Australian shares have opened flat, after global equity markets tumbled as frightened investors digested disappointing updates from major central banks about the outlook for inflation and interest rates.
- BoE sees inflation peaking at 7.25 per cent in April
- Meta tanked 26pc in an epic rout on Wall St
- OPEC+ sticks to plan for moderate monthly rises
Meanwhile, a downbeat status update from Facebook owner Meta further worried traders.
The ASX 200 was up 0.2 per cent, to 7,089, by 10:19am AEDT.
News Corp rose 5.9 per cent, to $33.44, after the company reported its highest quarterly revenues since 2013.
However, Nufarm (-2.4pc), Arb (-2.5pc) and Adbri (-2.3pc) were leading the losses in early trade.
The Australian dollar was up, at 71.44 US cents, by 10:12am AEDT.
BoE hikes rates to fight inflation
The European Central Bank and the Bank of England soured investor sentiment around inflation on Thursday.
Europe’s main bourses were down as the BoE delivered its widely expected second interest rate hike in three months, which helped buoy sterling and lift the euro.
The pan-European STOXX 600 index lost about 1.8 per cent and MSCI’s gauge of stocks across the globe shed 1.2 per cent, in response to a seemingly worldwide surge in inflation, analysts said.
The bank raised interest rates to 0.5 per cent from 0.25 per cent on Thursday and nearly half its policymakers wanted a bigger increase to contain rampant price pressures, which the British central bank warned would push inflation above 7 per cent.
Meanwhile, the pan-European STOXX 600 index lost 1.34 per cent and MSCI’s gauge of stocks across the globe shed 0.91 per cent, in response to a seemingly worldwide surge in inflation, analysts said.
‘Like a real earthquake’: Meta drives Wall St down
On Wall Street, Facebook-owner Meta’s dour forecast sent its stock plummeting, abruptly ending a nascent recovery built on upbeat earnings from big tech companies.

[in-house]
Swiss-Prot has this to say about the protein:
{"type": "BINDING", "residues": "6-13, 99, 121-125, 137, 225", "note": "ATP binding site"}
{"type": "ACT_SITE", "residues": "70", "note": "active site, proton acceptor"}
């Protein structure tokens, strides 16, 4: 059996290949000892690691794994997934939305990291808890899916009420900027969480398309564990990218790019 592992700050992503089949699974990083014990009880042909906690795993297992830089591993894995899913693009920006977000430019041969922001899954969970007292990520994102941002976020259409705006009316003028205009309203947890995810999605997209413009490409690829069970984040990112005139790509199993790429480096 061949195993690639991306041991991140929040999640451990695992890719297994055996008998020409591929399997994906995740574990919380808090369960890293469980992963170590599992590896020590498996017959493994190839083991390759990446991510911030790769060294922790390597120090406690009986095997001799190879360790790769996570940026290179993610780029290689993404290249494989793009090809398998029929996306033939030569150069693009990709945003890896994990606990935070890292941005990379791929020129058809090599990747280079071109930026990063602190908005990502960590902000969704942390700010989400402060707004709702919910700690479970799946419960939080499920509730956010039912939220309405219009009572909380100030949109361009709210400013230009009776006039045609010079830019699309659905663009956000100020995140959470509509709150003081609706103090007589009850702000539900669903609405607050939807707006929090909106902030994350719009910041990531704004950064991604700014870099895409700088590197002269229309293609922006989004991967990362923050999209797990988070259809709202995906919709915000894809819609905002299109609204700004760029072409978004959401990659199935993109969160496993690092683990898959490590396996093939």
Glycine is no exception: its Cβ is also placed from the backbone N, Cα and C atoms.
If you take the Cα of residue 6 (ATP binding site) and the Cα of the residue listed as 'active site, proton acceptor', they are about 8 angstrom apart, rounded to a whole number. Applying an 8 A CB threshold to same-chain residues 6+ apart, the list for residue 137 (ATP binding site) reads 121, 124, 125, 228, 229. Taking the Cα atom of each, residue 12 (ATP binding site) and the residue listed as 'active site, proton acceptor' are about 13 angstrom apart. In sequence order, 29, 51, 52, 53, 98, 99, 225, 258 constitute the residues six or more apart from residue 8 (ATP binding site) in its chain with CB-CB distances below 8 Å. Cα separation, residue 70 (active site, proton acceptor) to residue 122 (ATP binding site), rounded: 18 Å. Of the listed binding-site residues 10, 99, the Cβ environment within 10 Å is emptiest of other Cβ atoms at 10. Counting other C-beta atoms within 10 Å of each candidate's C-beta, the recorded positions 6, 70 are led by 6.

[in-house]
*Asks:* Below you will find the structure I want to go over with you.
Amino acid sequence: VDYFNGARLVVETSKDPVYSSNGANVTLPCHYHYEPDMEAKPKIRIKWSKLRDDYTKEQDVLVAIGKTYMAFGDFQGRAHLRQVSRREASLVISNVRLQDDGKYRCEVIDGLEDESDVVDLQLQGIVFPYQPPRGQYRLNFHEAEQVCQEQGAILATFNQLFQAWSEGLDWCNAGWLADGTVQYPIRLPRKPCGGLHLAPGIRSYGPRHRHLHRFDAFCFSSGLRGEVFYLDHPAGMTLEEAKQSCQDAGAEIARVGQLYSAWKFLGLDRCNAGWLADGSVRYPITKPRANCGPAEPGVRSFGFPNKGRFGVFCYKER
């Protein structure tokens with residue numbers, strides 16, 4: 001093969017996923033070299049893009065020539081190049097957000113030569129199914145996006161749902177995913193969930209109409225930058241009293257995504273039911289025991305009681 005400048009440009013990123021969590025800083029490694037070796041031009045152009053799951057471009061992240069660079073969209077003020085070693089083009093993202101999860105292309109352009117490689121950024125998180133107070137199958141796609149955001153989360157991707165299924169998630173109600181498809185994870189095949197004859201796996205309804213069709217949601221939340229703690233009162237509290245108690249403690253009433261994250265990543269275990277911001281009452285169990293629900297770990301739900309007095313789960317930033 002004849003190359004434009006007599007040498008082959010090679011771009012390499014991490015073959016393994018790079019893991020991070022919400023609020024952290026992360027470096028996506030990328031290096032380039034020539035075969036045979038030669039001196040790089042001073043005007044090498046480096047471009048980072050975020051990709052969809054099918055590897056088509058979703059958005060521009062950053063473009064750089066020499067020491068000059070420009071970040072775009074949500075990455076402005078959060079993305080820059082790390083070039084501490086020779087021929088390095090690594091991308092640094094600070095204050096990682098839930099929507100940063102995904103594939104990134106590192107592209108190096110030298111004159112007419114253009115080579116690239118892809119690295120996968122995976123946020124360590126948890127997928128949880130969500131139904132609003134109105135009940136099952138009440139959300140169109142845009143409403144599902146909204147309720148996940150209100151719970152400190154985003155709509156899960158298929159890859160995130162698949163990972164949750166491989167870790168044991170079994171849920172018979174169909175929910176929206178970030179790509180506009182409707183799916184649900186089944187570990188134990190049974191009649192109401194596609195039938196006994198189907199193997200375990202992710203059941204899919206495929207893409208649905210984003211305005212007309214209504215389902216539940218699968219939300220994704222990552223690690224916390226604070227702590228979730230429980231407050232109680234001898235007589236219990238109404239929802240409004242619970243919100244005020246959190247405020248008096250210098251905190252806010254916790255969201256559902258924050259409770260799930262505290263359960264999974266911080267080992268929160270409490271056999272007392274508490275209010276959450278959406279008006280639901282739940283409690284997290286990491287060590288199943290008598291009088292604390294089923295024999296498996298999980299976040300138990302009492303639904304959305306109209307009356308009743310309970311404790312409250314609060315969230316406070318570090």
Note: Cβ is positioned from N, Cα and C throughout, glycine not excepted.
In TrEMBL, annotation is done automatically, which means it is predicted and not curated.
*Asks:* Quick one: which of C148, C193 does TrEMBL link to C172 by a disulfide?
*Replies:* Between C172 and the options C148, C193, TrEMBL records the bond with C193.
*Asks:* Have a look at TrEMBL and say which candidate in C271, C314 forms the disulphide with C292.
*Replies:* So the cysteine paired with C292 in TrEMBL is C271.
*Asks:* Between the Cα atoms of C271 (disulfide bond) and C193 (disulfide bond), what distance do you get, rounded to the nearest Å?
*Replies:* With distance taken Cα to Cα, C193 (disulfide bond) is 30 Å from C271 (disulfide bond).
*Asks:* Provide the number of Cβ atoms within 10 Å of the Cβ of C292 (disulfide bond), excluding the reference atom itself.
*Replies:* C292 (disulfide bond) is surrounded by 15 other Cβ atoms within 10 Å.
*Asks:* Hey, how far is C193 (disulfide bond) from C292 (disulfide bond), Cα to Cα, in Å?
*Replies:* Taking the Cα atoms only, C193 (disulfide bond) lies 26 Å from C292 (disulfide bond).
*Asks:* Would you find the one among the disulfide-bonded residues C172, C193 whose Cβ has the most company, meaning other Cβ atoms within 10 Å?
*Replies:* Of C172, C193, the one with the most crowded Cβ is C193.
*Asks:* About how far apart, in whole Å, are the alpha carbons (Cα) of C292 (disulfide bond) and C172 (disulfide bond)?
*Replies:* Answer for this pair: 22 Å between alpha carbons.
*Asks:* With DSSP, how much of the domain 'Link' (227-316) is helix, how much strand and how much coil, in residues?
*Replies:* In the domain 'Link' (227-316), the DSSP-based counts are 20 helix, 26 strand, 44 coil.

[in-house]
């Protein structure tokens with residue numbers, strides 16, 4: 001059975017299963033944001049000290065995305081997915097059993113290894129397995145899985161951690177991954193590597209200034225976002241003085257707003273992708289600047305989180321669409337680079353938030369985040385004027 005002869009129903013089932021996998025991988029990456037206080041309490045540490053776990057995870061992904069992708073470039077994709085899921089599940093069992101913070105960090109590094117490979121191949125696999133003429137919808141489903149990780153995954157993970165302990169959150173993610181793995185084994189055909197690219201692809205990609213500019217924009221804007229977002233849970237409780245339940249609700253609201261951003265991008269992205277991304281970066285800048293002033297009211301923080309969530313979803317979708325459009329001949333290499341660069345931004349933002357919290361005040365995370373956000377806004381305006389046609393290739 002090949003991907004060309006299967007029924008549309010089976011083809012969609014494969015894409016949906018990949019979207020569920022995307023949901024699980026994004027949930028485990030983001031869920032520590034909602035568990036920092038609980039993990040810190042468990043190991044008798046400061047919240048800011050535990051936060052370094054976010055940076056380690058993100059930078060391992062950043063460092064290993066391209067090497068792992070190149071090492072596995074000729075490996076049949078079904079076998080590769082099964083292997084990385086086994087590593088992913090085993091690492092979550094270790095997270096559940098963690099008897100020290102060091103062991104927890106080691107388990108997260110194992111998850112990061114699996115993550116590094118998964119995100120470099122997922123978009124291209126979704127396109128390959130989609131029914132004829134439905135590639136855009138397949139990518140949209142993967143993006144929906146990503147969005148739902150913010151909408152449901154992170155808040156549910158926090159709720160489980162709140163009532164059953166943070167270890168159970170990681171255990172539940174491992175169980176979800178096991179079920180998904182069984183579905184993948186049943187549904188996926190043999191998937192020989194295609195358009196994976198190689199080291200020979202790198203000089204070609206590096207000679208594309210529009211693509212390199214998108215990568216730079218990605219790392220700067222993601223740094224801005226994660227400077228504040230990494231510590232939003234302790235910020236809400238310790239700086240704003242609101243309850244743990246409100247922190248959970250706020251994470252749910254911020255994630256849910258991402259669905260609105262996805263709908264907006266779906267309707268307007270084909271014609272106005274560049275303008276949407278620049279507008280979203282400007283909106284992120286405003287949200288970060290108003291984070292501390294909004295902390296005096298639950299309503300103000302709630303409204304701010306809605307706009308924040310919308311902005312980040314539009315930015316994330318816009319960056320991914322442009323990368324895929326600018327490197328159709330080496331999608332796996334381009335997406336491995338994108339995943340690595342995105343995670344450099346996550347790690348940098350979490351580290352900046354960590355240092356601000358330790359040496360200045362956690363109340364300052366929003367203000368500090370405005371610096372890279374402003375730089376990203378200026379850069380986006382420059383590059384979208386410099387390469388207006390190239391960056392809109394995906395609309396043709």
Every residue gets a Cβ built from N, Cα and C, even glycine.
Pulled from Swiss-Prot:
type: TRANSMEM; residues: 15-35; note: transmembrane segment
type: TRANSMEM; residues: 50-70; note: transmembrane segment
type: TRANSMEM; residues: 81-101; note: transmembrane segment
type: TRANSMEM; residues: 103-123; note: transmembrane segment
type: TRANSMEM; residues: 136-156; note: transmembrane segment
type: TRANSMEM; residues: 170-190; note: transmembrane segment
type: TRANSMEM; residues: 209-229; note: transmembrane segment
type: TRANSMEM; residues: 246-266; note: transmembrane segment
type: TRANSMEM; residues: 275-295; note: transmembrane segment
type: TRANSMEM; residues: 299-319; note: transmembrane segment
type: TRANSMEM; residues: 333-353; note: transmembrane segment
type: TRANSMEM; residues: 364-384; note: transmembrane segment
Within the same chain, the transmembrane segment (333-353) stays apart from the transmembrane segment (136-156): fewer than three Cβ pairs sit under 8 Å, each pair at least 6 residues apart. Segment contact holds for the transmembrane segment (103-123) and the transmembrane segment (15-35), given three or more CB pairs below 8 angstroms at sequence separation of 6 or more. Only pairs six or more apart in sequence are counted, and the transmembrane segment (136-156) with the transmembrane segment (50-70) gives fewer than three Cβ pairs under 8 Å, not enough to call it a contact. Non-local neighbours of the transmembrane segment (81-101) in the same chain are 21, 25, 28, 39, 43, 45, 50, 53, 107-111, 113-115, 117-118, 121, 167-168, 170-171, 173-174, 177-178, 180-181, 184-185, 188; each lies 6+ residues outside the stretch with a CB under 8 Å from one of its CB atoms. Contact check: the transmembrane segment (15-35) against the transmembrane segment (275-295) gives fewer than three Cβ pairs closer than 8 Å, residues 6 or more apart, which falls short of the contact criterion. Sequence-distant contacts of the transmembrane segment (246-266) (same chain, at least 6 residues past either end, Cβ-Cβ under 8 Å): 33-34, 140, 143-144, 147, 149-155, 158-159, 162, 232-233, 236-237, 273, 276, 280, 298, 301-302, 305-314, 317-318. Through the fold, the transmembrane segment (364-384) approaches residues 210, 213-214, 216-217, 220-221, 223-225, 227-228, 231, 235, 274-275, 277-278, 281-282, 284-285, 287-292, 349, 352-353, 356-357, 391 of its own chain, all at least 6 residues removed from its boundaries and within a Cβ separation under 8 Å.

In the currency market, the defensive mood dented the dollar after an earlier step to regain its footing. Inflation pressures were weighing on bonds as the ECB kept its policy unchanged as expected on Thursday.
Making only the smallest change to its statement, the ECB removed a clause stipulating that its next policy move could be in “either direction”.
The Dow Jones Industrial Average was down about 1.5 per cent, the S&P 500 index shed more than 2 per cent and the Nasdaq Composite dropped more than 3 per cent.
“We had good results here for European tech … I’m quite surprised by the resilience of the market here.
“I would say I’m not positive for markets moving forward: This is the last quarter when earnings will enjoy such a favourable comparison, year-on-year. [Interest] rates are going up and there’s a major geopolitical risk.”
IG Markets analyst Kyle Rodda said there was even more expected volatility in stocks to come, especially in terms of how far the Federal Reserve will go in tightening monetary policy this year.
“There’s been little resolution to the key Fed questions: How many hikes? What will the pace, size and timing of quantitative tightening be? Until that becomes clearer, volatility should remain heightened.”
On oil markets, prices edged higher, maintaining their upward trajectory built on expectations that supply will tighten further, even after OPEC+ producers stuck to planned moderate output increases.
Brent crude oil was up 1.8 per cent, trading at $US91.07 a barrel, by 10:13am AEDT.